Roger A. Hornsby, Patterns of Action in the Aeneid: An Interpretation of Vergil’s Epic Similes (Iowa City: University of Iowa Press, 1970), 140.
 Vergil, Aeneid, 12.949; Anderson, 99-100.
 The analysis that follows is my own, worked out in large part before I discovered any of these scholarly antecedents.
 Anderson, 106; Vergil, Aeneid, 1.92 and 12.951. Latin original: “soluuntur frigore membra.”
 Anderson, 104; Vergil, Aeneid, 12.946. Latin original: “furiis accensus.” Anderson notes an exact parallel in wording at 7.92.
 M. Owen Lee, “Father’s and Sons in Virgil’s Aeneid: Tum Genitor Natum (Albany: State University of New York Press, 1979), 143. Owen also recognizes the parallel adduced in “soluuntur frigore membra.”
 Vergil, Aeneid, 12.793. Latin original: “quam iam finis erit, coniunx?”
 Vergil, Aeneid, 1.241. Latin original: “quem das finem, rex magne?”
 Vergil, Aeneid, 1.254, 12.829. Latin original: “olli subridens.”
 Grandsen, 49.
 Vergil, Aeneid, 1.25. Latin original: “saevique dolores.”
 Vergil, Aeneid, 1.29. Latin original: “his accensa.”
 Vergil, Aeneid, 12.945-46. Latin original: “ille, oculis postquam saeui monimenta doloris / exuuiasque hausit.”
 Vergil, Aeneid, (Aeneas: “duplicis tendens ad sidera palmas”) 1.93; (Turnus: “victum tendere palmas”) 12.936.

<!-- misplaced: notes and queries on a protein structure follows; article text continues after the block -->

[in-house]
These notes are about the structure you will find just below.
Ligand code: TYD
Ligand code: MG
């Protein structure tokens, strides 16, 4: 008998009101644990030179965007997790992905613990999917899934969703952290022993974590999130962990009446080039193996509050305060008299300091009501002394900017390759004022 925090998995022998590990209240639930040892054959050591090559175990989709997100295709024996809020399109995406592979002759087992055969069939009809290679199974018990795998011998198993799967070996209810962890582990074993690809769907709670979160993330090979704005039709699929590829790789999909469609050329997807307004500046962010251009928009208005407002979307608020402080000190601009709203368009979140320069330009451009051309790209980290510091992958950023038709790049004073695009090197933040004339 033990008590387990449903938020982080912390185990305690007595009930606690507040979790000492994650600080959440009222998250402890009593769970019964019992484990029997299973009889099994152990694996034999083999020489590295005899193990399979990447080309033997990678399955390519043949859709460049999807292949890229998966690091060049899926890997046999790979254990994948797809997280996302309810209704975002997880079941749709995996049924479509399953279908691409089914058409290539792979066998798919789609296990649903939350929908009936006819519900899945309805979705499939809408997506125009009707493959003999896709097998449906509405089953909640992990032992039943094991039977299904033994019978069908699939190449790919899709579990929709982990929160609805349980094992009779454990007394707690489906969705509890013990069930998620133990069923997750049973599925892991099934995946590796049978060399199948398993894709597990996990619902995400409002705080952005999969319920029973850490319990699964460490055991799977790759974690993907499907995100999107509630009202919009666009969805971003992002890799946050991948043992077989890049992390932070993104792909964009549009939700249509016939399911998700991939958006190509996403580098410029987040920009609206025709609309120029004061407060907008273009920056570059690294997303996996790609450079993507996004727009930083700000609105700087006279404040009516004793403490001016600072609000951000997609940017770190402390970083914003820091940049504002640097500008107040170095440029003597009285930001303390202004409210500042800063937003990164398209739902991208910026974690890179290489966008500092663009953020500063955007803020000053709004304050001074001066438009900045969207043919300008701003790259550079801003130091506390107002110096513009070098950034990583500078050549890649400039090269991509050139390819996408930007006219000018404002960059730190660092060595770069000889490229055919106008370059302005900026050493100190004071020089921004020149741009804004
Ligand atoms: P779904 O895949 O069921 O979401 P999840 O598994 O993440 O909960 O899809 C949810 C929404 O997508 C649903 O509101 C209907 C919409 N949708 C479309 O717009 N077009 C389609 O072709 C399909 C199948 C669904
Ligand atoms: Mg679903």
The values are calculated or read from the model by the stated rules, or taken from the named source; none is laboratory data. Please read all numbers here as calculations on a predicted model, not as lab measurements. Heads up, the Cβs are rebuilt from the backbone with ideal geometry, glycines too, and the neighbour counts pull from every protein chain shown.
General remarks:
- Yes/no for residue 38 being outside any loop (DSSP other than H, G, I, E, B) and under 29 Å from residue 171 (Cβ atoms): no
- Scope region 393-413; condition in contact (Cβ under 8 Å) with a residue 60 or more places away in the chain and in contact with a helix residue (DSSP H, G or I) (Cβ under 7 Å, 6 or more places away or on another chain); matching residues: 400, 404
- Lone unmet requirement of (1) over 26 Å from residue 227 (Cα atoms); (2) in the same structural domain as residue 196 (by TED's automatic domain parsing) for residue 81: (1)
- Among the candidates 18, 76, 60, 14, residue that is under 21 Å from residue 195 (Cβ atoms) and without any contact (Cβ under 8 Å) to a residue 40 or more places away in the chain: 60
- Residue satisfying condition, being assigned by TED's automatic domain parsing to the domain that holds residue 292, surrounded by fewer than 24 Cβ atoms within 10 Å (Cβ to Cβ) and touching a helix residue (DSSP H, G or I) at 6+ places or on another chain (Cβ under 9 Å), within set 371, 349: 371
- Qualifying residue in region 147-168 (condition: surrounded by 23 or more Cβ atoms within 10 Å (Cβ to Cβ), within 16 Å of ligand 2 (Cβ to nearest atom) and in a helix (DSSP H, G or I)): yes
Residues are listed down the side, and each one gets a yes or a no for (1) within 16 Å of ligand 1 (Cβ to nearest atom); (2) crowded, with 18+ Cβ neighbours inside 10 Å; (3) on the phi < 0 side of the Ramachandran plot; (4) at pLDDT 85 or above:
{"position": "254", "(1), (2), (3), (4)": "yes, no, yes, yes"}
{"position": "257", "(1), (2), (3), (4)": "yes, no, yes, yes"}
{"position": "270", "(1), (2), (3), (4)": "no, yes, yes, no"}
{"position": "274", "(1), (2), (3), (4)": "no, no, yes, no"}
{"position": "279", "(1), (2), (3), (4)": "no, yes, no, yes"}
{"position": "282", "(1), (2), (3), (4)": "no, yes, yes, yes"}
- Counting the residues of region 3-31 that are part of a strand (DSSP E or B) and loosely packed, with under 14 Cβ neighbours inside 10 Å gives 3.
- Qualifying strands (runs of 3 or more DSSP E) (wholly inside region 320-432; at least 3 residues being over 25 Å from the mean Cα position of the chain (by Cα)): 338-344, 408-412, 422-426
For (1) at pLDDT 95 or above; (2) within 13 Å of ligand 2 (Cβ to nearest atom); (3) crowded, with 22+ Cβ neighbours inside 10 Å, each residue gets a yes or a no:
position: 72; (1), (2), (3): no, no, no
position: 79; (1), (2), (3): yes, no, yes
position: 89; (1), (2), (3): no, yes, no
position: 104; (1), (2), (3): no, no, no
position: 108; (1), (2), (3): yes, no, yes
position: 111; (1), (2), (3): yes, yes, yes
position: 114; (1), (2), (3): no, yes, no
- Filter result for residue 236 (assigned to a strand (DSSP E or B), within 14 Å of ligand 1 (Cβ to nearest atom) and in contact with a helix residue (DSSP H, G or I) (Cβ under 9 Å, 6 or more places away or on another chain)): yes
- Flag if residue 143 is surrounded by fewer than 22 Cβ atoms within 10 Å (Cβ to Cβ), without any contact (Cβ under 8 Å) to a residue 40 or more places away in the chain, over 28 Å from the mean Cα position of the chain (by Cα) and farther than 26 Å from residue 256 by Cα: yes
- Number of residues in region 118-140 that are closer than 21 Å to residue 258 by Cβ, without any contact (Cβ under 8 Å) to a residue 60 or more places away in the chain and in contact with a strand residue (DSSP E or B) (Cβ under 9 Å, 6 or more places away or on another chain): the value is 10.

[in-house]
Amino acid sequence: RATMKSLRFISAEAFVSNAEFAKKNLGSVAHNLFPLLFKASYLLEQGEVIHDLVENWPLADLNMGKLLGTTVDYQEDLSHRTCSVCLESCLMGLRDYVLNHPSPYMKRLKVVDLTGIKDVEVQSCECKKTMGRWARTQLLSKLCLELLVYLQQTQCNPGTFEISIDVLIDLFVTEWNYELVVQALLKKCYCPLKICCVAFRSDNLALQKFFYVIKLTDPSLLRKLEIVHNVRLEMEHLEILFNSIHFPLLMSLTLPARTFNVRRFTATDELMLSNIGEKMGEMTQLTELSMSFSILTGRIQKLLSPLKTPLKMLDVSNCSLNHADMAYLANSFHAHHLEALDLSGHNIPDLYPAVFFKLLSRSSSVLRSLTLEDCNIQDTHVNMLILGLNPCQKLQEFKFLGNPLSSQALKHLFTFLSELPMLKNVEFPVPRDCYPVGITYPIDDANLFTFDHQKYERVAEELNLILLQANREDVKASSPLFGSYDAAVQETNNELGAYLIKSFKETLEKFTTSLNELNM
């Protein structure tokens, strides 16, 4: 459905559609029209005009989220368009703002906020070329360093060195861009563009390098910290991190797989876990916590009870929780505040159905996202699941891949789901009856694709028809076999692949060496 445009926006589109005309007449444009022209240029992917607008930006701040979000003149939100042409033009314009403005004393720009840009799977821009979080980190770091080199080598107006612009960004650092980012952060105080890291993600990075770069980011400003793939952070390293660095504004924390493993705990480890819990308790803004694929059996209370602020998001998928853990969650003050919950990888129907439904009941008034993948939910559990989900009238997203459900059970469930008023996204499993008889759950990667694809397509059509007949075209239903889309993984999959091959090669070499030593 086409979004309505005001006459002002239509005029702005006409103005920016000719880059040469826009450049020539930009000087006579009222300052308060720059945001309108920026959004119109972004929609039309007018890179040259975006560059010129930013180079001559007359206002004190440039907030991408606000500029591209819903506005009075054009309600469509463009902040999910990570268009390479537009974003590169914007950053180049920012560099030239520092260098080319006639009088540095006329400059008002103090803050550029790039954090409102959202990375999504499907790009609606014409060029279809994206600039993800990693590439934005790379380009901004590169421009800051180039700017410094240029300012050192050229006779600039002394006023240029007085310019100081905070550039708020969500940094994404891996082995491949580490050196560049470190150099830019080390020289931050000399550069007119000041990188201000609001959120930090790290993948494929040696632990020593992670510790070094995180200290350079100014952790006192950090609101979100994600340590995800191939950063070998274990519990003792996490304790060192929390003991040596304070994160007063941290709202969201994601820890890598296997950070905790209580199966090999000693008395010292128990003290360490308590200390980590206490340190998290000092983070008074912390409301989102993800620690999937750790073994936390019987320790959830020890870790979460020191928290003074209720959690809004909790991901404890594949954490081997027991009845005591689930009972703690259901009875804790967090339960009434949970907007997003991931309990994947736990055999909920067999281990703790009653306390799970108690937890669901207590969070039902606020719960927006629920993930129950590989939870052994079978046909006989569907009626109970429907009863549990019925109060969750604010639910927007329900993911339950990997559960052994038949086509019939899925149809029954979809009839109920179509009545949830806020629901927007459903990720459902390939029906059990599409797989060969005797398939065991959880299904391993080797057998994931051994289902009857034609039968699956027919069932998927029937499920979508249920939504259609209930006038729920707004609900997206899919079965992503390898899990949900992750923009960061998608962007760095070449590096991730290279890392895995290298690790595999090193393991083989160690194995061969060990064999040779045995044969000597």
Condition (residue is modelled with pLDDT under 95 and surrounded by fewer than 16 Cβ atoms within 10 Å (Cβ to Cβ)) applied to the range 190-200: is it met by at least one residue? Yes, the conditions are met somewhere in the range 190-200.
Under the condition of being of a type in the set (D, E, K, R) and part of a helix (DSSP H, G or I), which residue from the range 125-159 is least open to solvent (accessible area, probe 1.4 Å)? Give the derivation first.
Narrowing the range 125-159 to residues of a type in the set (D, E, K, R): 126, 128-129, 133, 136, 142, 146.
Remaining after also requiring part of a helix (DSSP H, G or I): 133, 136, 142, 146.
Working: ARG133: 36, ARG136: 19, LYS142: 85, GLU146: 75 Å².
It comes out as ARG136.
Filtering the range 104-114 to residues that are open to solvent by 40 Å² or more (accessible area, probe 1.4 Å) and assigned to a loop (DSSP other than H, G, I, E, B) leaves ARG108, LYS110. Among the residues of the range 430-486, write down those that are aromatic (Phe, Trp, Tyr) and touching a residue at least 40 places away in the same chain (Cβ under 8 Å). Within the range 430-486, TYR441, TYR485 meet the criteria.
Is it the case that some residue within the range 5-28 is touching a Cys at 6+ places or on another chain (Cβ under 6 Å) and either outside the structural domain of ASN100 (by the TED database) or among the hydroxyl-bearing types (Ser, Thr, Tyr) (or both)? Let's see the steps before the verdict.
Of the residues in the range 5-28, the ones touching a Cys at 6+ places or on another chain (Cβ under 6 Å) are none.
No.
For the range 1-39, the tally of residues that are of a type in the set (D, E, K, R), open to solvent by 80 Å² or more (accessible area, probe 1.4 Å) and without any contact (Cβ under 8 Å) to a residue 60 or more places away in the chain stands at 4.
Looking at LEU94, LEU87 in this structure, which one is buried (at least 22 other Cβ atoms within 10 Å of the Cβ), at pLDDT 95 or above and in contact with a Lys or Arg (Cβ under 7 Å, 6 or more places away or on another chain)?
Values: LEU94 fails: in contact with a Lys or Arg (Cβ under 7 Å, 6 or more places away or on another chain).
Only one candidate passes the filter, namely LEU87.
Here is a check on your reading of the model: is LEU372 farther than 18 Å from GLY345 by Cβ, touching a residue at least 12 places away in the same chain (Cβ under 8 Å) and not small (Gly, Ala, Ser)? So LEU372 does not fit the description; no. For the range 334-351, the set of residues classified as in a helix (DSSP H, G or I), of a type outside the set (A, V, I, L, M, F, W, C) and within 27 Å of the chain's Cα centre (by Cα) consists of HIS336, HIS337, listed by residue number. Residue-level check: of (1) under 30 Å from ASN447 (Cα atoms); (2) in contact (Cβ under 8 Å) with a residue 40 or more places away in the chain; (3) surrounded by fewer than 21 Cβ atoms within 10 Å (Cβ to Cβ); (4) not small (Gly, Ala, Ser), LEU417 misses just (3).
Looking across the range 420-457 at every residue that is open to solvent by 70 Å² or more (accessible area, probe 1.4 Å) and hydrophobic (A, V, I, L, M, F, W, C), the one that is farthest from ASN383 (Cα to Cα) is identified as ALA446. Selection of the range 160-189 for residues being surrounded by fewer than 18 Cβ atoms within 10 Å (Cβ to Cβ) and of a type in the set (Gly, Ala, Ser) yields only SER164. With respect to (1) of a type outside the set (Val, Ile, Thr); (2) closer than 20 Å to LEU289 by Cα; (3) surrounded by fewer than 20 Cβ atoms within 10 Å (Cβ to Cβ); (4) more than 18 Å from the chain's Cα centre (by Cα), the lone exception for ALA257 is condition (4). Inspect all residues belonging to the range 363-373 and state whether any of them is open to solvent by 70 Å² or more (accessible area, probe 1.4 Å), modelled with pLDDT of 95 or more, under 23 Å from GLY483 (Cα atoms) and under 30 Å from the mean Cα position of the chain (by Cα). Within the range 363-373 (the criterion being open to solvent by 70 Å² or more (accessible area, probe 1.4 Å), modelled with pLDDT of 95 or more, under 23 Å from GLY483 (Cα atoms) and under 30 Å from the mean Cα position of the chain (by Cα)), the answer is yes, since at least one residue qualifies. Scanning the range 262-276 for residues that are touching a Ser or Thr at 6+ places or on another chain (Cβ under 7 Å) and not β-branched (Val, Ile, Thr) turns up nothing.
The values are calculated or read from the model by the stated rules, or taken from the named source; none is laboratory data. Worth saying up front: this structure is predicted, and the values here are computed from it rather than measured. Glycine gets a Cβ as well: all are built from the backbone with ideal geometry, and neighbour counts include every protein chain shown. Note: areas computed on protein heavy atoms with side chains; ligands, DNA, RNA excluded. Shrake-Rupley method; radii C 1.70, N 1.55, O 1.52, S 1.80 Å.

Vergil, Aeneid, 12.833, 834, 836. Latin originals: “do quod uis,” “sermonem Ausonii patrium moresque tenebunt, / . . . / subsident Teucri,” and “subsident Teucri.”
 Homer, Iliad, 22.253-54, but cf. note 27.
 Vergil, Aeneid, 12.725-27. Latin original: “Iuppiter ipse duas aequato examine lances / sustinet et fata imponit diuersa duorum, / quem damnet labor et quo uergat pondere letum.”
 Vergil, Aeneid, (Aeneas considers the Trojan dead blessed: “o ter quaterque beati, quis ante ora patrum Troiae sub moenibus altis / contigit oppetere!”) 1.94-96, (Turnus dies: “uitaque cum gemitu fugit indignata sub umbras.”) 12.952.
 O’Hara, 164.
 The wording stems from O’Hara, 154.
 Parry, 115; Vergil, Aeneid (Dido: “pallida morte futura”) 4.644, (Cleopatra on the Shield of Aeneas: “pallentem morte futura”) 8.709.
 Parry, 115.
 Knight, 367.
 Suetonius, “Augustus,” 280-81. Suetonius does not refer to Vergil by name, but he surely is not thinking of Ovid.
 Allen M. Ward, Fritz M. Heichelheim, and Cedric A. Yeo, A History of the Roman People, 3rd ed. (Upper Saddle River, NJ: Prentice Hall, 1999), 288.